Churches Preparing for Suits Over Gay Marriage

Religion Today

Churches Preparing for Suits Over Gay Marriage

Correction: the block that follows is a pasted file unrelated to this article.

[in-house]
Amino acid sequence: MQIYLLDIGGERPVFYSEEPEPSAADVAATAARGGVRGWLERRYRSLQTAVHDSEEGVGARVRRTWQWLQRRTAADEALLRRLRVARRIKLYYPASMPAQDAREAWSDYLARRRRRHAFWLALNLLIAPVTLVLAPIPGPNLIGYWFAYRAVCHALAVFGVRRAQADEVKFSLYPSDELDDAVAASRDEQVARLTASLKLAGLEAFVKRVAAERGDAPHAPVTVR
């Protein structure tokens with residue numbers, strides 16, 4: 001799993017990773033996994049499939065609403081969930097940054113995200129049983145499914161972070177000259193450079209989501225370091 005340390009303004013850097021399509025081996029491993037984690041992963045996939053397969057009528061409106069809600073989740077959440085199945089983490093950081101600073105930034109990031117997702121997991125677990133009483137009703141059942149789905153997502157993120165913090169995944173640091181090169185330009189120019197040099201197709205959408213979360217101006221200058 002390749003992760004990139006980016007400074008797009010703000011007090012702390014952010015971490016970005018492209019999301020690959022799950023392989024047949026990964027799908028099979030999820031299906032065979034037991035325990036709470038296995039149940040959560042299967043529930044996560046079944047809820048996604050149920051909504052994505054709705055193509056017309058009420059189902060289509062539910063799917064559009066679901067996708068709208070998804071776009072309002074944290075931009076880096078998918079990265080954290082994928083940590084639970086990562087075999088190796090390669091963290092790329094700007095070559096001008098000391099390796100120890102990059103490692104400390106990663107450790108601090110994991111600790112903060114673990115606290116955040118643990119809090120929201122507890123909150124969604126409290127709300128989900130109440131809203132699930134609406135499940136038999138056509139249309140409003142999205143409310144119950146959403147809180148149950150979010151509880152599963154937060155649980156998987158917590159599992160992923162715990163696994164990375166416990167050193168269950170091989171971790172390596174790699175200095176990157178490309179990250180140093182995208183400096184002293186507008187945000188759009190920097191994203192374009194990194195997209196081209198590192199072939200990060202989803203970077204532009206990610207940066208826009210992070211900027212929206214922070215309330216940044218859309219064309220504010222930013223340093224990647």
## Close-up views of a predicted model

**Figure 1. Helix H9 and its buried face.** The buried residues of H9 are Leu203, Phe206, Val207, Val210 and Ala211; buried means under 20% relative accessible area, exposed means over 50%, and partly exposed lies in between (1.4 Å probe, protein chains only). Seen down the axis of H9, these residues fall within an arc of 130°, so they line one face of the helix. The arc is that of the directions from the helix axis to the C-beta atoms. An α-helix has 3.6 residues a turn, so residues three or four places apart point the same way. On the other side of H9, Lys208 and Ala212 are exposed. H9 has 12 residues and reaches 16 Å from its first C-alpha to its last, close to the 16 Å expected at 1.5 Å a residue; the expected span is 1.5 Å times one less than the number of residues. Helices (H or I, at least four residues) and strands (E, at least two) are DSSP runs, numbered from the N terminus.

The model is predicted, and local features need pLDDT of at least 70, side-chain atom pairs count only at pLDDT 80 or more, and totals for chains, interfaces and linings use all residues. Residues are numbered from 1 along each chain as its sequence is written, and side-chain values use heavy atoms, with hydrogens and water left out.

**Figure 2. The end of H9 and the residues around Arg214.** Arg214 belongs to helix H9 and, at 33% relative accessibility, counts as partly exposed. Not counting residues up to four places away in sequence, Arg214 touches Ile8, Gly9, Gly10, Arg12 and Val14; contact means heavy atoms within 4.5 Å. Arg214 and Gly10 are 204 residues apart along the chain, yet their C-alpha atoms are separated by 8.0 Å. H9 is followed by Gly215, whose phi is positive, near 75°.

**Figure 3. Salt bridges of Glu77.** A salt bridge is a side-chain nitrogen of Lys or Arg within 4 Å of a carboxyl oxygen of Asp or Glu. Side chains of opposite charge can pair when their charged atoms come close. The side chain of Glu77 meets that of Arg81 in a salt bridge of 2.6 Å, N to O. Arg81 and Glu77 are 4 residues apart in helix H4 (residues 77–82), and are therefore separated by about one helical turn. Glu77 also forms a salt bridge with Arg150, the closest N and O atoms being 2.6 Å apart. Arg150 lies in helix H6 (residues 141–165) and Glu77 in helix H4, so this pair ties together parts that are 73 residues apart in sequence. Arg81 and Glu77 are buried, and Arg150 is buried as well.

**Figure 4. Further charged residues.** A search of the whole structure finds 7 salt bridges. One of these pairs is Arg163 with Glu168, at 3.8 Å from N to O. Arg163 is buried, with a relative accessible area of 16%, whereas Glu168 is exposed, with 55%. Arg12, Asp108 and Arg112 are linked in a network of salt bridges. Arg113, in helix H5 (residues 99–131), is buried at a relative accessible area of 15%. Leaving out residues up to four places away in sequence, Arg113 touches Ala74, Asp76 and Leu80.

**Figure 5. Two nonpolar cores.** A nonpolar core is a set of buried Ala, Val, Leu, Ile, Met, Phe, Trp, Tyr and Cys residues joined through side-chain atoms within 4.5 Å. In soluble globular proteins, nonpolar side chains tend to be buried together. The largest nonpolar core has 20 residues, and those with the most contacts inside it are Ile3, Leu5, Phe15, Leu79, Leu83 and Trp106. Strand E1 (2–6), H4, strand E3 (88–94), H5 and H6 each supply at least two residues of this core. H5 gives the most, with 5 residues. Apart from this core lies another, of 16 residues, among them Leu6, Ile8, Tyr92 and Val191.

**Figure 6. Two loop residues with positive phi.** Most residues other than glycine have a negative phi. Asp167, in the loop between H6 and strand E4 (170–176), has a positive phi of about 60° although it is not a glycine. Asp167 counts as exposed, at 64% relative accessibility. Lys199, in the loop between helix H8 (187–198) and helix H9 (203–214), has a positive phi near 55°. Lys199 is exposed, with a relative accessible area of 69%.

Worried they could be sued by gay couples, some churches are changing their bylaws to reflect their view that the Bible only allows marriage between one man and one woman, the Associated Press reports. Although there have been lawsuits against wedding industry businesses that refuse to serve gay couples, attorneys promoting the bylaw changes say they don't know of any lawsuits against churches. Critics say the changes are unnecessary, but some churches fear that it's only a matter of time before one of them is sued. "I thought marriage was always between one man and one woman, but the Supreme Court in a 5-4 decision said no," said Gregory S. Erwin, an attorney for the Louisiana Baptist Convention. "I think it's better to be prepared because the law is changing. America is changing." In a June decision, the U.S. Supreme Court struck down a provision of the federal Defense of Marriage Act that defined marriage as between a man and a woman for purposes of federal law. A second decision was more technical but essentially ushered in legal gay marriage in California. Kevin Snider, an attorney with the Pacific Justice Institute, a nonprofit legal defense group that specializes in conservative Christian issues, said some religious leaders have been threatened with lawsuits for declining to perform same-sex wedding ceremonies. The Pacific Justice Institute released a model marriage policy a few years ago in response to a statewide gay marriage fight in California. Eric Rassbach, an attorney with the Becket Fund for Religious Liberty, a public interest legal group that defends the free expression rights of all faiths, said it is unlikely the government would try to force a pastor to perform a same-sex marriage, but churches that rent out their facilities to the general public could face problems if they refuse to rent to gay couples. Although his organization has not advocated it, Rassbach said it could strengthen a church's legal position to adopt a statement explaining its beliefs about marriage before a dispute arises. Thirteen states and the District of Columbia now recognize gay marriage.


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